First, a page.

In Horizontal & Vertical the landscape image was recorded using a slow and gradual pan from a position at the side of a rural lane looking across a wheat field and slowly panning left, eventually coming to rest before zooming in towards a farm gate. My intention was to produce a video ‘landscape’ work, drawing inspiration from a number of avant-garde films particularly Seven Days (1974) by Chris Welsby and Michael Snow’s La Region Centrale (1971) .
In my own work I was conscious of the electronic nature of the video medium, and interested in establishing ideas about the relationship between the ‘natural world’ and the technology I was working with. At the time, video was far less portable, and much of the manipulations and interventions I was interested in working with in relation to the image were accomplished at the post-production stage. I was particularly interested in the idea that certain technical manipulations specific to video- the enhanced perception of the video raster and scan lines, the shifting colours, the video wipes which played with the horizon line, and the punctuating rhythm of the deliberately maladjusted vertical hold (I was also in this respect influenced by the mesmeric power of Joan Jonas’ Vertical Roll 1972) could have aesthetic significance. I wanted to use a slow contemplative pace, a gradual shifting movement and colours to make a work which would hover ambiguously between abstraction and representation. I wanted to make a contemplative landscape work which, through its use of duration and the slow manipulation of basic video elements made reference to a contemporary sense of a mediated experience of landscape, and to the subjectivity of the individual viewer. I also wanted the work to refer to its medium of transmission, to develop a language particular to video with reference to the subject matter (in this case, the ‘natural’ landscape elements) it was representing. I was also very conscious of wanting to make something, whilst entirely and obviously video, had no relation to broadcast television, either in terms of its content, form or in terms of its intentions. I wanted to make a work which was emphatically ‘video’ and just as clearly not TV.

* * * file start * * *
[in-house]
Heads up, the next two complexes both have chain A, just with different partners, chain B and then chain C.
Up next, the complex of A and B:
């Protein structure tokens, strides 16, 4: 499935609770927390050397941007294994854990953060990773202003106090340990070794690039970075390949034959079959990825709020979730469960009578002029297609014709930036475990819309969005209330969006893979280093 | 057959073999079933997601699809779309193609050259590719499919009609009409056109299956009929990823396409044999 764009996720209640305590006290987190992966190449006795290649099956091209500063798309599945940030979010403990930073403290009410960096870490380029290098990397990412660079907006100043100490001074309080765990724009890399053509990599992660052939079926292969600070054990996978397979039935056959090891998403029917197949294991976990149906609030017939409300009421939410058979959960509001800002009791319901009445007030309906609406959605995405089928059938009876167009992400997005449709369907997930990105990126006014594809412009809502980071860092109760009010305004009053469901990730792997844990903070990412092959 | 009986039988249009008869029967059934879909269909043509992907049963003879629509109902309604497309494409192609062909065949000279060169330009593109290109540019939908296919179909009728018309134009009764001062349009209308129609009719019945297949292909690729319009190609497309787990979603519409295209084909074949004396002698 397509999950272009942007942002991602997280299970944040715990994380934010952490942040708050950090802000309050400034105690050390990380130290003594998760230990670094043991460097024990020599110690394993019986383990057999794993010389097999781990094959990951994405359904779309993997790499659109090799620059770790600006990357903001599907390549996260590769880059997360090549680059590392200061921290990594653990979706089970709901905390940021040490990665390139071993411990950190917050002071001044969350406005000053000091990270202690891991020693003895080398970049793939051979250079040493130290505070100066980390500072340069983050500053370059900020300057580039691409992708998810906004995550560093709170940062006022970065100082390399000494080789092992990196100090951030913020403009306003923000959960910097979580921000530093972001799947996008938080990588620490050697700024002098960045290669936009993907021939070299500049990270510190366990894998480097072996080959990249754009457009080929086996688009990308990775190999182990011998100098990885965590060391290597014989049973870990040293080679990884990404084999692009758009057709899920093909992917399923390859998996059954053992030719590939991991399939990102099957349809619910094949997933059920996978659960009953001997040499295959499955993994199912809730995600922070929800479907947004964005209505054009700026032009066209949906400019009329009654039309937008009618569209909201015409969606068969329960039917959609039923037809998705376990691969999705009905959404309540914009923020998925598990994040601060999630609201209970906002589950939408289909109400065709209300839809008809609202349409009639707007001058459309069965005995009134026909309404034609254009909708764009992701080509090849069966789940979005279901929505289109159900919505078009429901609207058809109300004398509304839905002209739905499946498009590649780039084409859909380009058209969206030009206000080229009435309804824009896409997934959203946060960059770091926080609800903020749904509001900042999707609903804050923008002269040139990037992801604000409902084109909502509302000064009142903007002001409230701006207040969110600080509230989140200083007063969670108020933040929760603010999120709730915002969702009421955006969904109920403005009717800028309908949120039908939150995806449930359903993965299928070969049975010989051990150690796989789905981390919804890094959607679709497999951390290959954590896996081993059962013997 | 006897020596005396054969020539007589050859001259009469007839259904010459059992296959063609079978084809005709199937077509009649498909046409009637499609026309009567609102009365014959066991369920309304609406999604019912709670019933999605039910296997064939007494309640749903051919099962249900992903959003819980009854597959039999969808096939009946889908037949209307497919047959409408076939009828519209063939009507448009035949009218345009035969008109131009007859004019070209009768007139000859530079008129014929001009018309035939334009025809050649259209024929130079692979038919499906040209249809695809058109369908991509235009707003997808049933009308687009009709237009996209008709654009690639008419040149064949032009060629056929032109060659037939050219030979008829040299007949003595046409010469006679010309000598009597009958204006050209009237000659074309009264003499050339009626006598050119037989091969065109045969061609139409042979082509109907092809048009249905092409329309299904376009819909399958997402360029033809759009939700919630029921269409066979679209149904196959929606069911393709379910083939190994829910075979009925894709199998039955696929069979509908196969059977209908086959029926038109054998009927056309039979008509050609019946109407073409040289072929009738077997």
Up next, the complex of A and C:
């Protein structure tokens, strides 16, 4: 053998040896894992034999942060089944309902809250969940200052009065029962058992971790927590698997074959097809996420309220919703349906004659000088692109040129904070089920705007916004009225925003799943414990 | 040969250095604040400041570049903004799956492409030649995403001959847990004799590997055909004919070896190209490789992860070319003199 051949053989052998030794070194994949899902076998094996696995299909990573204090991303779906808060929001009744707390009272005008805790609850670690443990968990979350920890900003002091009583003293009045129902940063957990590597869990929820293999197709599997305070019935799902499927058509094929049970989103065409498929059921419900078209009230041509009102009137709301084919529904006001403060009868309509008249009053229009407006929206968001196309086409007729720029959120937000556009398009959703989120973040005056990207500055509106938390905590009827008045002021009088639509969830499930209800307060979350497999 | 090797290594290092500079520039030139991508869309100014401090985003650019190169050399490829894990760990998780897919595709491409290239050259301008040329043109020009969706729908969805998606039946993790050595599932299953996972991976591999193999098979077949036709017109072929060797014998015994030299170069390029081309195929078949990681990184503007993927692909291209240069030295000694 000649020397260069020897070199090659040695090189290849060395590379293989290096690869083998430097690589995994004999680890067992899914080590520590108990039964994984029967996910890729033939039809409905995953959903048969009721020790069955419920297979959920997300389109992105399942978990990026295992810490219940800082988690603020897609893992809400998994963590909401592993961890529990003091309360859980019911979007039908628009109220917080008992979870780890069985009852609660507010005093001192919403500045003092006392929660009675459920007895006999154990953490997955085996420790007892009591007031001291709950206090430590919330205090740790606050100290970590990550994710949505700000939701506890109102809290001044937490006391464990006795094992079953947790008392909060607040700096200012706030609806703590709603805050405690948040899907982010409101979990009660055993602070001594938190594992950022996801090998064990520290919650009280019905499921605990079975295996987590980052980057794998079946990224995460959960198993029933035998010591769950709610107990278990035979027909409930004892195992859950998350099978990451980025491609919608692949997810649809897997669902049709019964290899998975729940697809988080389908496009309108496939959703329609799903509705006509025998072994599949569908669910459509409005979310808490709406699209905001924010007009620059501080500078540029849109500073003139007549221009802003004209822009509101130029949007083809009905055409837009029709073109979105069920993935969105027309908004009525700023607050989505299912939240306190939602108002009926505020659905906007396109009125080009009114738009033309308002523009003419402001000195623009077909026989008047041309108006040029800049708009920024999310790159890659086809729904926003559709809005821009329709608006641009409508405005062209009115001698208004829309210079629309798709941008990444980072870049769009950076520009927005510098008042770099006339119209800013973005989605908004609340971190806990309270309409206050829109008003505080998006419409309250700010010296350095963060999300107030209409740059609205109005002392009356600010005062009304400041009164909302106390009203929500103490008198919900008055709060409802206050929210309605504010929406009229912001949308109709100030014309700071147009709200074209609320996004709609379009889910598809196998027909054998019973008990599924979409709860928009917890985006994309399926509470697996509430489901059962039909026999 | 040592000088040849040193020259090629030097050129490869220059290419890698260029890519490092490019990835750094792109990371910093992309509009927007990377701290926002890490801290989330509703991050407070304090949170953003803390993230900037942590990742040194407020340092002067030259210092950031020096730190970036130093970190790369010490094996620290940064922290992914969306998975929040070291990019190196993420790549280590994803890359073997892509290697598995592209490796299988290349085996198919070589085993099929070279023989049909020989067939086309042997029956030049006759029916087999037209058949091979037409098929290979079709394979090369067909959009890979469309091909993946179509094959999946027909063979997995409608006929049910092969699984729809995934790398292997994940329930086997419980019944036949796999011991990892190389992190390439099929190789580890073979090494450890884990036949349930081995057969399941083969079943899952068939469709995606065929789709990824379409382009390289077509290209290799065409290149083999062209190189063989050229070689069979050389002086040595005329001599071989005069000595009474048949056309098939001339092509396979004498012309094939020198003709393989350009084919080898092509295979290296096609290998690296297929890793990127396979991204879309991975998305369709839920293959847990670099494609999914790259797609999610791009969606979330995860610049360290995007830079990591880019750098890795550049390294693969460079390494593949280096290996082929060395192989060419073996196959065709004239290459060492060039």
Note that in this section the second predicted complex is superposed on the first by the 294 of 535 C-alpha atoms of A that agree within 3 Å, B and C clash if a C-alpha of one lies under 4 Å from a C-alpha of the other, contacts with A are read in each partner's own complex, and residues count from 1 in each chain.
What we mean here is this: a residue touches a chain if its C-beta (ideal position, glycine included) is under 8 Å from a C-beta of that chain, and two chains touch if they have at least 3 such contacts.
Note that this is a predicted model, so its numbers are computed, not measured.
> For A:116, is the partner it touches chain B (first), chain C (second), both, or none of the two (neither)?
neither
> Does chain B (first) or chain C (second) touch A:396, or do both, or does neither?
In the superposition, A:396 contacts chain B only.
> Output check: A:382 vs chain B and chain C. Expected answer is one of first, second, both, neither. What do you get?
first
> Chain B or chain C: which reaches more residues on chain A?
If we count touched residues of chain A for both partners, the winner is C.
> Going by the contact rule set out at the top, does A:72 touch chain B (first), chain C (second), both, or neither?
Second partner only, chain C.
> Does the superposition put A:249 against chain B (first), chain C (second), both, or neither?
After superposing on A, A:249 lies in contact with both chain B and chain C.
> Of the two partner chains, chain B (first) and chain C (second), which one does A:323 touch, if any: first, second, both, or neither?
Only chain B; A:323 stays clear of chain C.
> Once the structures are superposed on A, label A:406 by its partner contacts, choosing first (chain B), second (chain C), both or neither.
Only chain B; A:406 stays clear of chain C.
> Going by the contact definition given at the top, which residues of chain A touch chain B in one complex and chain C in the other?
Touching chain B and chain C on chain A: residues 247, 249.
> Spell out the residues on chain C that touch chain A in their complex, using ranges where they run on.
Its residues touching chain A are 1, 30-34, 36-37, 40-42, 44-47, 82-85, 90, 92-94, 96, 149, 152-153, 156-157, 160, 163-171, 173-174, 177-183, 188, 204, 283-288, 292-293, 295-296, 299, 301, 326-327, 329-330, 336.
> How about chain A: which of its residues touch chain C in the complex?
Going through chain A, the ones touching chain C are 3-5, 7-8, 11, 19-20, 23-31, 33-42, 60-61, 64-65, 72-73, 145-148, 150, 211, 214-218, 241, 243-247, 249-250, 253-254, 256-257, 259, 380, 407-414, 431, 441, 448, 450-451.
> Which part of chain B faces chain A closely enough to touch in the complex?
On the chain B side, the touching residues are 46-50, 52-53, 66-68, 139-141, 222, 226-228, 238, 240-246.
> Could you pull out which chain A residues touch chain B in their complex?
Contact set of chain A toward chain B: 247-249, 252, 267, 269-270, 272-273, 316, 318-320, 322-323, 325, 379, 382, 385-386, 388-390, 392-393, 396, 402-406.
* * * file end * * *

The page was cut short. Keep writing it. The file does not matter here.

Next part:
Horizontal & Vertical is built entirely of rescanned video material, the original monochrome tinted sequentially so that the electronically generated colours gradually shift across and throughout the duration of the piece. In deciding to work with very desaturated colours I was in part reacting to the intense and somewhat artificial colours of many of the so-called ‘abstract’ video compositions I had seen, which included work by Nam June Paik, Brian Hoey and Peter Donebauer. It was not simply that I did not feel comfortable with this vibrant palette, it was also because I did not feel I could conceptually justify the use of these intense colours in my own work. I felt that this kind of colour was unsuitable to my approach and would appear arbitrary. The muted colours that I chose to work with were used as a way to differentiate one transition from another- to create passages or episodes throughout the continuous single ‘take’ of the original video material, reconstituting it as a sequence of fluid relationships.